Hungary Olympics
The Hungarian Parliament is seen with the Olympic logo at a promotional spot as the Hungarian capital bids for the 2024 Olympic Games, in central Budapest, Hungary, Reuters

The decision not to put Budapest's dropped 2024 Olympic bid to a referendum has been condemned as "cowardly" by the youth movement Momentum which had gathered more than 260,000 signatures to spark a ballot opposing the games.

As it faced growing opposition over the event's cost, the ruling Fidesz party said the bid would be withdrawn after a decision made by the prime minister Viktor Orban, Budapest mayor Istvan Tarlos and the Hungarian Olympic Committee.

Momentum had managed to gather enough signatures in 30 days to spark a referendum asking whether Hungarians should reject an event that had waning support among the population.

Although the youth movement opposed the the games, it wanted to use the ballot as a launching pad to field candidates in next year's parliamentary elections, and will see the withdrawal as a thwarted opportunity to develop its manifesto.

In a statement to, Momentum said that the government "has just ignored the will of 266,000 electors and run away in a cowardly manner". The movement wanted to project itself as a viable opposition in light of controversy surrounding the Fidesz party over a clamp down on media freedoms and civil society.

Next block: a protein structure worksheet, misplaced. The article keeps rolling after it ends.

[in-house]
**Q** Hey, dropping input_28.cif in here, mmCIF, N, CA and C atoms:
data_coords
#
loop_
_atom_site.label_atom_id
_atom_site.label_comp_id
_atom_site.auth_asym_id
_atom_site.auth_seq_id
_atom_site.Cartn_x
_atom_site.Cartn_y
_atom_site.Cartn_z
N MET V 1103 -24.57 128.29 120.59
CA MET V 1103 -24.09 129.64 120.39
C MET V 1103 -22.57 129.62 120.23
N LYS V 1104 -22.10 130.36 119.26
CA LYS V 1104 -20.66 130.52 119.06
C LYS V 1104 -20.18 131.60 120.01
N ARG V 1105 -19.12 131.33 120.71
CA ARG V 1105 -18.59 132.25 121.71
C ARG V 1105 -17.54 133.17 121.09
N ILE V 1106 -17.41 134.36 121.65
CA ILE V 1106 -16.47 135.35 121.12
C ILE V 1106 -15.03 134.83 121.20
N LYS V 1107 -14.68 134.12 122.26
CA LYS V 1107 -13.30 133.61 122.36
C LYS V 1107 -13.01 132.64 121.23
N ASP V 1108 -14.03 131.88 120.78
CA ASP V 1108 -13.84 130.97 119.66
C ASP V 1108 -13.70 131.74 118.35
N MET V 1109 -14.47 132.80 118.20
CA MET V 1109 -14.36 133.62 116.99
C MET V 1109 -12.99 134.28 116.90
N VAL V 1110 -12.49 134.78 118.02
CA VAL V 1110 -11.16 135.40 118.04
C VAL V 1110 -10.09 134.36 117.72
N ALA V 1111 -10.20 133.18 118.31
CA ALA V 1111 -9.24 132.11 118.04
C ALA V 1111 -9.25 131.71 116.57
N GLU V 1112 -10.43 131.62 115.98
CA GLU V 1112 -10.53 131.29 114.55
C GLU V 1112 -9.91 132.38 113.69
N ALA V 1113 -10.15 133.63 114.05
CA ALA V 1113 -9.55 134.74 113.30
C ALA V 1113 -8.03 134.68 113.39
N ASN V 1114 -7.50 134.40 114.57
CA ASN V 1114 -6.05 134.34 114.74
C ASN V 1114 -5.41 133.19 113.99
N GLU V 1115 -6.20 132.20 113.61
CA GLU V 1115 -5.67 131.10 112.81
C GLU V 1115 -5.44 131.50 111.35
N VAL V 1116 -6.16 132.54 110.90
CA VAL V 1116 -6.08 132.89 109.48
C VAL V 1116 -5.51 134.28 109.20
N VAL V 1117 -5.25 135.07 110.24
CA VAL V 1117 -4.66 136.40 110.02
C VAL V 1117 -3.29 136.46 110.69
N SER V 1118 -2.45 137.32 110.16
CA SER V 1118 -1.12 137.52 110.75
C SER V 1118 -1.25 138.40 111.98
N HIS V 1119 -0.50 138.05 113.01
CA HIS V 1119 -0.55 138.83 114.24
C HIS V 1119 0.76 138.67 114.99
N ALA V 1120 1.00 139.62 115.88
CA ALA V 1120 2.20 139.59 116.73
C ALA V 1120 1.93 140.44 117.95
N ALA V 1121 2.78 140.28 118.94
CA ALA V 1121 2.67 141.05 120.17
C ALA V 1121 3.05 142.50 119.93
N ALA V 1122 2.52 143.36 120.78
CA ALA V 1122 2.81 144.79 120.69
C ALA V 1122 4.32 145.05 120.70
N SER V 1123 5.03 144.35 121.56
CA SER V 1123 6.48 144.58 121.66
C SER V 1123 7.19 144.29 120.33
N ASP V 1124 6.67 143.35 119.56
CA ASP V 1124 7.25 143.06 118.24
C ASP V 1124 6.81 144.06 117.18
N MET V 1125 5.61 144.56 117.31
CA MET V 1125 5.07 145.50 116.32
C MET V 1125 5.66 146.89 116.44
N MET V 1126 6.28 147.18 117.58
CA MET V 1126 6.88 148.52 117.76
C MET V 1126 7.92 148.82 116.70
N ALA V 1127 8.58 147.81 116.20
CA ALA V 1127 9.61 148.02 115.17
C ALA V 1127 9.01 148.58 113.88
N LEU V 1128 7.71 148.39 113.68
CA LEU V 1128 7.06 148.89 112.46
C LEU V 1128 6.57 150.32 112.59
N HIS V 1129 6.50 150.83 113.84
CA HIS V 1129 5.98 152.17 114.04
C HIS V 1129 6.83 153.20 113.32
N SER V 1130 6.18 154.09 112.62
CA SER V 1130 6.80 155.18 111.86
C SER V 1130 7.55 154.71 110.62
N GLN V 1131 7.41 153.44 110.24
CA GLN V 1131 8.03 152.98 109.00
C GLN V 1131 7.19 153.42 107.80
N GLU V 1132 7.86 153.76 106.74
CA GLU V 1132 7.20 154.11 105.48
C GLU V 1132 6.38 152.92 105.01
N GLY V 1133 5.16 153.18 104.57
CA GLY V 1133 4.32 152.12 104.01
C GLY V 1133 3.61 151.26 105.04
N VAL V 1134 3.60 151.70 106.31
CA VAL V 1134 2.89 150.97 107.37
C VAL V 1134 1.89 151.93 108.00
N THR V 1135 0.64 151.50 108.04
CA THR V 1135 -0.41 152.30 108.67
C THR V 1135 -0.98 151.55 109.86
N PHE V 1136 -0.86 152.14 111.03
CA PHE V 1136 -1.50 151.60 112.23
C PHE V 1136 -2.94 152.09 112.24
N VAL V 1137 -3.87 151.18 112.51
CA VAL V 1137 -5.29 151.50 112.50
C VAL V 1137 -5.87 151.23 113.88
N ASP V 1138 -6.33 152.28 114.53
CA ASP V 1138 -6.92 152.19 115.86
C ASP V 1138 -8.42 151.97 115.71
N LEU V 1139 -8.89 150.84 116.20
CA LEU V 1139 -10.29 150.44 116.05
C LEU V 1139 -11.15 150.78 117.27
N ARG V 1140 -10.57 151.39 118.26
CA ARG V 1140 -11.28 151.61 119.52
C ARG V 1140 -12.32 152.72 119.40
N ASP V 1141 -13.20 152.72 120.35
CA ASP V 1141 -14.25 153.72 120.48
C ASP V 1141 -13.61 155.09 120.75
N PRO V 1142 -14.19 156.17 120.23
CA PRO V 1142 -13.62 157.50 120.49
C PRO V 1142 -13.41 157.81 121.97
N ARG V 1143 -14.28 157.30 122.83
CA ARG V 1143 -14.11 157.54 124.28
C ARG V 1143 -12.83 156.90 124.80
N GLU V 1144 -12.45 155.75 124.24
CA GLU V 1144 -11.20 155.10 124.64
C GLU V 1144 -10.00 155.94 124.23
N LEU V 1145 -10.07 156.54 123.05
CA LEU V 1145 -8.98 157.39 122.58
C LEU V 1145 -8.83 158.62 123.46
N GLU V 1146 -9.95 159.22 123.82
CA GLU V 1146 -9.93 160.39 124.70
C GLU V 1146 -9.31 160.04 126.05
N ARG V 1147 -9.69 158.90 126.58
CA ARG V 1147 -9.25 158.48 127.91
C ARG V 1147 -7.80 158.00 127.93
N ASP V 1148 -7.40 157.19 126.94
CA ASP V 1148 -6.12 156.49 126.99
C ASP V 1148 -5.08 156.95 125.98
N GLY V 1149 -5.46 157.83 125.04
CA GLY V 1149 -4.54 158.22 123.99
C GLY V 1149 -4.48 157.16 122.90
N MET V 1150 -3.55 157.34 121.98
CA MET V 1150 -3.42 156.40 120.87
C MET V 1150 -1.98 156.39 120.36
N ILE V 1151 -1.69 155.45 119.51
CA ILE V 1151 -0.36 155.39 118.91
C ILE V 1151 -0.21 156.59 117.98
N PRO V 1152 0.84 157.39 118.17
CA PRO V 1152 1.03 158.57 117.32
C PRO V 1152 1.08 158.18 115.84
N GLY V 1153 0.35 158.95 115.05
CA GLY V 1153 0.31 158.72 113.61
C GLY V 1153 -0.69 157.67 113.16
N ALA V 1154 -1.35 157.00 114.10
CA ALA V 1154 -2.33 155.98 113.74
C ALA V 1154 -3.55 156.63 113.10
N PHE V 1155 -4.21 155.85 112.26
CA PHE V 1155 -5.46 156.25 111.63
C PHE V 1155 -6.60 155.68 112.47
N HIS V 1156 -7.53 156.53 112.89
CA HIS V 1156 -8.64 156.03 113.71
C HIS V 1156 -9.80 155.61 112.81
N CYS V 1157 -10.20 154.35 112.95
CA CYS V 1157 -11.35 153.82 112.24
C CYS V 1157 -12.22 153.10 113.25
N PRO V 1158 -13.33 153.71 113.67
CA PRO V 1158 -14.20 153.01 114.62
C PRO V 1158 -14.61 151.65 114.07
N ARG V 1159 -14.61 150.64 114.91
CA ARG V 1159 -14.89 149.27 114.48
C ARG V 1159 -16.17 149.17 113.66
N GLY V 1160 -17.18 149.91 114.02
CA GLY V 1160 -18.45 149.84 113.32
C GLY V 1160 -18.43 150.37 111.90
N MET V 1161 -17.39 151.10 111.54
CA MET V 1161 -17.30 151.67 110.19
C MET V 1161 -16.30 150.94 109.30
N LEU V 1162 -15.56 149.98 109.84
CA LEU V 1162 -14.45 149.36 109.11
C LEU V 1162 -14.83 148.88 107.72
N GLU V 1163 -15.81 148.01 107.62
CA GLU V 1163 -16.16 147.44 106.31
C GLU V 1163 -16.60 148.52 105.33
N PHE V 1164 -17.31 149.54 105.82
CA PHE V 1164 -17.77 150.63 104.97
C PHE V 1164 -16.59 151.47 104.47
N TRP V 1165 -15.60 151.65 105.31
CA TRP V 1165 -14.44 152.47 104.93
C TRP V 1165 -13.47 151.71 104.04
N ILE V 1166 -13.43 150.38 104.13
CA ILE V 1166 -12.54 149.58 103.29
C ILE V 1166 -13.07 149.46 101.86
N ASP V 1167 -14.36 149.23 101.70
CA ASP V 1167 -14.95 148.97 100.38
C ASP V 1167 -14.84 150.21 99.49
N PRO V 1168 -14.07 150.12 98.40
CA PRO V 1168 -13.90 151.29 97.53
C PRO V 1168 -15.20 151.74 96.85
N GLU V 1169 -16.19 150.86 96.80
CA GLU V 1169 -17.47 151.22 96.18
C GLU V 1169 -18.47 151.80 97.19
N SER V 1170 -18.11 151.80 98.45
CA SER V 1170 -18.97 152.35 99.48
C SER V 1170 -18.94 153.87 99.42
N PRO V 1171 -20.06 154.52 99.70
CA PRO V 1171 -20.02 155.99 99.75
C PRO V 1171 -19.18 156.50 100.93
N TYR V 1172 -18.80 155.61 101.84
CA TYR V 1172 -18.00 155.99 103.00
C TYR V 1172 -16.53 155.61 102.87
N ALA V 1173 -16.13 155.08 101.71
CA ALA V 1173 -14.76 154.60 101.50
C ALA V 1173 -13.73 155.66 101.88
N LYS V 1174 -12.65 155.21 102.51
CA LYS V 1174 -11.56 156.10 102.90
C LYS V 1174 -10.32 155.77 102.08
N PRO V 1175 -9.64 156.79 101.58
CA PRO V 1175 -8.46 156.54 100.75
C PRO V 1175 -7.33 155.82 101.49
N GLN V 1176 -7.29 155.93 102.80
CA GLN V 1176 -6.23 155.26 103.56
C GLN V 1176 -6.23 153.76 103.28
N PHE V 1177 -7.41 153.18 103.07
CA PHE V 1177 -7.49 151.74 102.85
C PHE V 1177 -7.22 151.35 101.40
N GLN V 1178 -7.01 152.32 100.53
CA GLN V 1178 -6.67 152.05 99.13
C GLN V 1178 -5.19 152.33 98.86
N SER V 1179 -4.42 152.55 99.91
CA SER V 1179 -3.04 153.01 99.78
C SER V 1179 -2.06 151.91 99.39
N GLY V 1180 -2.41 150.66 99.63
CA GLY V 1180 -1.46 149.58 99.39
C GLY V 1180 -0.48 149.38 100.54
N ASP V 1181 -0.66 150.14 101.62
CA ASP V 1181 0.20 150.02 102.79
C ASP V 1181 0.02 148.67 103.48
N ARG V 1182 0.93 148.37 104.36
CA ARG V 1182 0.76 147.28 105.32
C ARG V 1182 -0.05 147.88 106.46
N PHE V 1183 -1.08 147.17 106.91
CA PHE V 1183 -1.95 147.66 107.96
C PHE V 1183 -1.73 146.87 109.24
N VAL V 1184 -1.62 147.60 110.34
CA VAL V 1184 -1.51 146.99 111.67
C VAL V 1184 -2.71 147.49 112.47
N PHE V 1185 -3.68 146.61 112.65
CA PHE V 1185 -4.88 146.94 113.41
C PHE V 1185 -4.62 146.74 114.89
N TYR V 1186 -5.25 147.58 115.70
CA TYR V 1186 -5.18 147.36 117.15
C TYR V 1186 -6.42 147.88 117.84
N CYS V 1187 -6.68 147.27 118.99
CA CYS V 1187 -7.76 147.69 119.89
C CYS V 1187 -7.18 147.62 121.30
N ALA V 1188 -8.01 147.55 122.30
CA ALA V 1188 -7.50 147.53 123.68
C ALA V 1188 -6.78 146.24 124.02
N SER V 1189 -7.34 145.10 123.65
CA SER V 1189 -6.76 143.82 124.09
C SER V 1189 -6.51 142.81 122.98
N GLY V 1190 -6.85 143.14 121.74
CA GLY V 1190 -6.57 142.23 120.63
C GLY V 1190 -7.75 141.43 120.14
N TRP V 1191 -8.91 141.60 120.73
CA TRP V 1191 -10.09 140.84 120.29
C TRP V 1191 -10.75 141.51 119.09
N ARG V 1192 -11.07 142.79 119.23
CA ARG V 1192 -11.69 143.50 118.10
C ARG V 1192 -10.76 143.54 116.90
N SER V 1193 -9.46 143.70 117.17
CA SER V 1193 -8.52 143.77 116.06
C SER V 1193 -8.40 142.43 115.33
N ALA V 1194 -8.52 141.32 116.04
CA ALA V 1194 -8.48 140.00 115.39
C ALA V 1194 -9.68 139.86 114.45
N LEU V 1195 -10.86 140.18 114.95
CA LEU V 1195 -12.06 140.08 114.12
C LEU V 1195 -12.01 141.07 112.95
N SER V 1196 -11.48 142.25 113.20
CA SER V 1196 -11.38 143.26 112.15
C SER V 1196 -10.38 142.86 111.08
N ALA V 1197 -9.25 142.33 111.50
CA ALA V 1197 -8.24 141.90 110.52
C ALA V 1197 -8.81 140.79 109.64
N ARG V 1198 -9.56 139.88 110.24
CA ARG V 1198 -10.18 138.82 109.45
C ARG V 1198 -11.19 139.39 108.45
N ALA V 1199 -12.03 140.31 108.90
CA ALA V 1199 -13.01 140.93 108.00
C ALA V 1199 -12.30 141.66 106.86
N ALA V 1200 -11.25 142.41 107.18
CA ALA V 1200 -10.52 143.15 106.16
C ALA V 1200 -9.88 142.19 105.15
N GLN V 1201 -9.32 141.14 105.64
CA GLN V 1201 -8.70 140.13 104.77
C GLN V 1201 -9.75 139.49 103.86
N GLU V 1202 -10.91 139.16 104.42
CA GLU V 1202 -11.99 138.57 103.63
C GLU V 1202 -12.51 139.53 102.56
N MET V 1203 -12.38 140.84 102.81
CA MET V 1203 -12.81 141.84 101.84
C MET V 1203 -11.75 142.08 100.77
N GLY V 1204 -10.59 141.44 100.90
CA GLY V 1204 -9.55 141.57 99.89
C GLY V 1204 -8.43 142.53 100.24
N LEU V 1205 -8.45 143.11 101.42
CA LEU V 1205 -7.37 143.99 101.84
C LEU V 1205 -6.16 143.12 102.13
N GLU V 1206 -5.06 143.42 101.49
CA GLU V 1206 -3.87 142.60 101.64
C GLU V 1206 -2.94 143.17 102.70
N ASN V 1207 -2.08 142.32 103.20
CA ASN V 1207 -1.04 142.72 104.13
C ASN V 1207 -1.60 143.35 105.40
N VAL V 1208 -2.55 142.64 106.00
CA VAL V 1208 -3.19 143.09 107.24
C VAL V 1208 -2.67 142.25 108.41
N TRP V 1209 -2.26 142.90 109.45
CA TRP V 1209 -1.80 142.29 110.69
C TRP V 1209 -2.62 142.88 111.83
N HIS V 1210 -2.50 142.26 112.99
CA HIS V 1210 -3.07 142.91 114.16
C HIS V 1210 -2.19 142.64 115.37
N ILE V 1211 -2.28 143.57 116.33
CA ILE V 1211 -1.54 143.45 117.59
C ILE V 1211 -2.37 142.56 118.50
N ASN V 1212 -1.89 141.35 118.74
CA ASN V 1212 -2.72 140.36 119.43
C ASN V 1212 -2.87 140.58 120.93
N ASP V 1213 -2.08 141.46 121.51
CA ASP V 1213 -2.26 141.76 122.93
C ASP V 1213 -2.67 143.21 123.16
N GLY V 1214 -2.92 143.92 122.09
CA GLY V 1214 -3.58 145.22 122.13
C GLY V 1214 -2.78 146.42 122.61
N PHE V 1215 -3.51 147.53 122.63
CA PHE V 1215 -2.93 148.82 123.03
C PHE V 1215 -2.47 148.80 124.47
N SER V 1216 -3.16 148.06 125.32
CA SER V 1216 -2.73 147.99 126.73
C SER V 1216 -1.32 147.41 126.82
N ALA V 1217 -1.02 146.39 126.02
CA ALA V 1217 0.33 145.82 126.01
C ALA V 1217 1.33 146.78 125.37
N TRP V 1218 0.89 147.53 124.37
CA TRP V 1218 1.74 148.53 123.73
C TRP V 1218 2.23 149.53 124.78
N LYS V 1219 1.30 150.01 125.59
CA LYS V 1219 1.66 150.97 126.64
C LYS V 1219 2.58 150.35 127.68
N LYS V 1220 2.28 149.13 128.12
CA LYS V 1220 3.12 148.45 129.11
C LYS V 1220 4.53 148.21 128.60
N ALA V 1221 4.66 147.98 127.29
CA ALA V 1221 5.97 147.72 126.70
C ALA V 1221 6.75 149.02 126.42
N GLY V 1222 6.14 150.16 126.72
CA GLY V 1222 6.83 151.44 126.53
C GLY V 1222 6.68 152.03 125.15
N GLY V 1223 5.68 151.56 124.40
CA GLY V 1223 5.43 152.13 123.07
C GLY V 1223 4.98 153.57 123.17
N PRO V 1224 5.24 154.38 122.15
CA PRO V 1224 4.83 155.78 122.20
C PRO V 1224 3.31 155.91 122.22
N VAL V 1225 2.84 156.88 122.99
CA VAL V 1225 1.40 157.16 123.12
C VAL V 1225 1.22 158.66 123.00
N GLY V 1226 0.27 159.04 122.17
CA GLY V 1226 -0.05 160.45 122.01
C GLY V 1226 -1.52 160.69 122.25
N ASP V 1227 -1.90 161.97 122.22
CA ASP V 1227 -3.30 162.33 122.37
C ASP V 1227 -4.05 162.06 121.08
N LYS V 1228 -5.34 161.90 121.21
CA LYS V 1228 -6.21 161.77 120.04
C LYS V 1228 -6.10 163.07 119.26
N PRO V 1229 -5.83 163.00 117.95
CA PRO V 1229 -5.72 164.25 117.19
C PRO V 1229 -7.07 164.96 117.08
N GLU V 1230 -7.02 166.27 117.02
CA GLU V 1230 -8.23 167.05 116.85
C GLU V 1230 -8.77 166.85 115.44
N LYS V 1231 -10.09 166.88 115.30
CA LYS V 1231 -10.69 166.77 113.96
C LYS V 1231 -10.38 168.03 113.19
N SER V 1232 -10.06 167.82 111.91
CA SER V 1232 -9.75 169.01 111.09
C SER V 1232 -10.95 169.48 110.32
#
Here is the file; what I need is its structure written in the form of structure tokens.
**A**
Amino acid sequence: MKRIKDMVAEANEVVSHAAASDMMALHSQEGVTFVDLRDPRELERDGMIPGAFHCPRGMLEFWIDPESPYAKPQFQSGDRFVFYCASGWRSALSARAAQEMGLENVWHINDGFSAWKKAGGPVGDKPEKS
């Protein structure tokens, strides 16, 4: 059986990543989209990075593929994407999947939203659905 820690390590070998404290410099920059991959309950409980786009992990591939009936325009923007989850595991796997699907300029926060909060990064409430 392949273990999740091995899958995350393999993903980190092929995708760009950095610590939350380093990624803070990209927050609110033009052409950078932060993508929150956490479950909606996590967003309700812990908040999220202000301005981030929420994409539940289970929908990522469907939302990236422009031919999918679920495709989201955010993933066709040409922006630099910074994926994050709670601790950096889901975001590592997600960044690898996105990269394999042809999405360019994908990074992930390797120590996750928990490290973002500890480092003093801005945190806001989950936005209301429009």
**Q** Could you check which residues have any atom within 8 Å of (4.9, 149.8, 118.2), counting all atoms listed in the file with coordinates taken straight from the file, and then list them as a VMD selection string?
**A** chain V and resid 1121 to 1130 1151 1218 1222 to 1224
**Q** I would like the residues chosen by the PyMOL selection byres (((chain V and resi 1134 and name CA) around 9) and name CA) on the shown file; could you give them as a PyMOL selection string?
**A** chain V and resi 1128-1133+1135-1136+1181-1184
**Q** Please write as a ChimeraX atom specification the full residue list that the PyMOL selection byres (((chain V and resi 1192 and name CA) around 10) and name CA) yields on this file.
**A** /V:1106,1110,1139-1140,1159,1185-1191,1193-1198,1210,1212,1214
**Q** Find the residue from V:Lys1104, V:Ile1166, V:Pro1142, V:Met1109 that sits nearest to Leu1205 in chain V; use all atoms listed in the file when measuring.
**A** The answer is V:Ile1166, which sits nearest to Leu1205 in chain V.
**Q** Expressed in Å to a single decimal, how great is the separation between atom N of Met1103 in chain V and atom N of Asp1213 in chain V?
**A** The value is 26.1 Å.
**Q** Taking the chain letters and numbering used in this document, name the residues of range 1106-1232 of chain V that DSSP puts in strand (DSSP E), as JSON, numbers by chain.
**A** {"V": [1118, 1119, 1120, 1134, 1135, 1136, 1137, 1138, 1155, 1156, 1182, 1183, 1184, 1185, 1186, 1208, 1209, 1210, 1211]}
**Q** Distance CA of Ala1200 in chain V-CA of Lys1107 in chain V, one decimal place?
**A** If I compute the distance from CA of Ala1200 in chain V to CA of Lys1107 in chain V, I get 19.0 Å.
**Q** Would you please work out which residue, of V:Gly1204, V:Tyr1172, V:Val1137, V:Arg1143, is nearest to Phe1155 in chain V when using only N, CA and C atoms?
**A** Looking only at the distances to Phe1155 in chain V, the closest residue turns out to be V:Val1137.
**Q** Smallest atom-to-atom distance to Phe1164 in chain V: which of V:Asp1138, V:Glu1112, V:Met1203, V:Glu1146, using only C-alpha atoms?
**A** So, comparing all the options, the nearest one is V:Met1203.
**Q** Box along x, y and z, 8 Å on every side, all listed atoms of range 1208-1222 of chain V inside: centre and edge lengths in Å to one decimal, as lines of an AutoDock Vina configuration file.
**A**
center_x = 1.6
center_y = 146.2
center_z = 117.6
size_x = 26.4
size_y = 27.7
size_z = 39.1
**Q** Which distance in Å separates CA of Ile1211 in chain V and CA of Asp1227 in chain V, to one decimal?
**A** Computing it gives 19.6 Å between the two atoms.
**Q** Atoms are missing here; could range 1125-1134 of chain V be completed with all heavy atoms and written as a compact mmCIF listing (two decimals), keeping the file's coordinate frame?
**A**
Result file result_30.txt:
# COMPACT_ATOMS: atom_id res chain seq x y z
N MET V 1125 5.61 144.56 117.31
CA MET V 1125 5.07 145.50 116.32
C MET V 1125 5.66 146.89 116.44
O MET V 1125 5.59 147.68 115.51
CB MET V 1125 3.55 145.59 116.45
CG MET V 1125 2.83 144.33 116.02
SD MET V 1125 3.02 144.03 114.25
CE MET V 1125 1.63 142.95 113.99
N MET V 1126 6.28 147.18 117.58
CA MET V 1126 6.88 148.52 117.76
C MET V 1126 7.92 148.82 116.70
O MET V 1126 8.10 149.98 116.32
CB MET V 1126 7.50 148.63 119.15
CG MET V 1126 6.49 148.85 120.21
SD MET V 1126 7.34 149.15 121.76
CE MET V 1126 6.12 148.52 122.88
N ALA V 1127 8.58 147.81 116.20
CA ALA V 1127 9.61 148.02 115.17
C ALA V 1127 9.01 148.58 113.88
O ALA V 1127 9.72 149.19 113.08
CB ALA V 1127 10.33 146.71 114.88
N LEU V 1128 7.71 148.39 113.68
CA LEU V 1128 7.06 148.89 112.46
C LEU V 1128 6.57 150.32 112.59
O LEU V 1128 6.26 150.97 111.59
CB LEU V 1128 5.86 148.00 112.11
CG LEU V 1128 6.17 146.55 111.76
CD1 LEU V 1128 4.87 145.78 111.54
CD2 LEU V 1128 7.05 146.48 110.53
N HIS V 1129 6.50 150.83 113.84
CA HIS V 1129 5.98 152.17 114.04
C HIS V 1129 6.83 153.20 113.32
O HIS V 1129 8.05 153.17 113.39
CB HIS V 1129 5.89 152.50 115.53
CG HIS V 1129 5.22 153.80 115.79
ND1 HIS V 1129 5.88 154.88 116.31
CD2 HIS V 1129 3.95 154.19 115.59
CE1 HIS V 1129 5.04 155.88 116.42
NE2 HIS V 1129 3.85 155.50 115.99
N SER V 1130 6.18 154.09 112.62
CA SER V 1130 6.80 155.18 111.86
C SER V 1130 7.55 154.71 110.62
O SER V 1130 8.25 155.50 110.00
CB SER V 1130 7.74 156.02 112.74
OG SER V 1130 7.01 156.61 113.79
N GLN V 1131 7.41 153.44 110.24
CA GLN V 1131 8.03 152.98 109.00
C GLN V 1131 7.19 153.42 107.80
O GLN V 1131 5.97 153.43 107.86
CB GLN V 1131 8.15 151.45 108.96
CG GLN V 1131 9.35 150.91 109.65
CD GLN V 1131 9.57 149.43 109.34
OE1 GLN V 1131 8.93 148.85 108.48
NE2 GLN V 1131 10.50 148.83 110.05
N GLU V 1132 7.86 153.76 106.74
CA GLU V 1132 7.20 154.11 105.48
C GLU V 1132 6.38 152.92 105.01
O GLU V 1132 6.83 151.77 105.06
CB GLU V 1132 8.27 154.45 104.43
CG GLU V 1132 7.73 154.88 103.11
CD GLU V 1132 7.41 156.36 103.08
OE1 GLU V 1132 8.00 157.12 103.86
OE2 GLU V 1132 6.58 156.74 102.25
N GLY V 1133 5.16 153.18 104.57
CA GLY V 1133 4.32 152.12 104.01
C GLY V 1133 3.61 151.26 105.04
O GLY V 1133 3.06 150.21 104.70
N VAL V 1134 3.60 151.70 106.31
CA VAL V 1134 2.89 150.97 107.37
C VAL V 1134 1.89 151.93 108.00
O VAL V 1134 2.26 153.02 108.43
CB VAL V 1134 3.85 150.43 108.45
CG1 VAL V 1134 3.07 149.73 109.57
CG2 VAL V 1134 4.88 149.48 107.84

Earlier in February, its co-founder Miklós Hajnal told IBTimes UK: "The referendum is a form of a protest vote. I hope people don't feel it is the only way they can protest as there will be protests next year in our elections, but I think many people are disappointed with the government and the opposition."

Their campaign, which challenged an event of key importance to Orban, may have had too much of an impact as the lack of a referendum deprives them of a further political platform. However, no opposition group has had such an influence on an issue since Orban rose to power in 2010, Reuters reported.

Bid chairman Balazs Furjes said there was no point in maintaining the bid unless it had widespread support while Fidesz parliamentary leader Lajos Kosa said in a statement. "Today only one responsible decision is possible to avoid Hungary's loss of international prestige."

"When the opposition attacked the Budapest bid in the back, it disrupted this unity and minimalised the chances of the capital city," he added, according to the Associated Press. Support for the bid, according to the latest poll, had slumped with only a third of people supporting it nationally.

It now leaves only Los Angeles and Paris in the running to host the games. Earlier, Boston, Hamburg and Rome pulled out of the race, after coming up against civic opposition.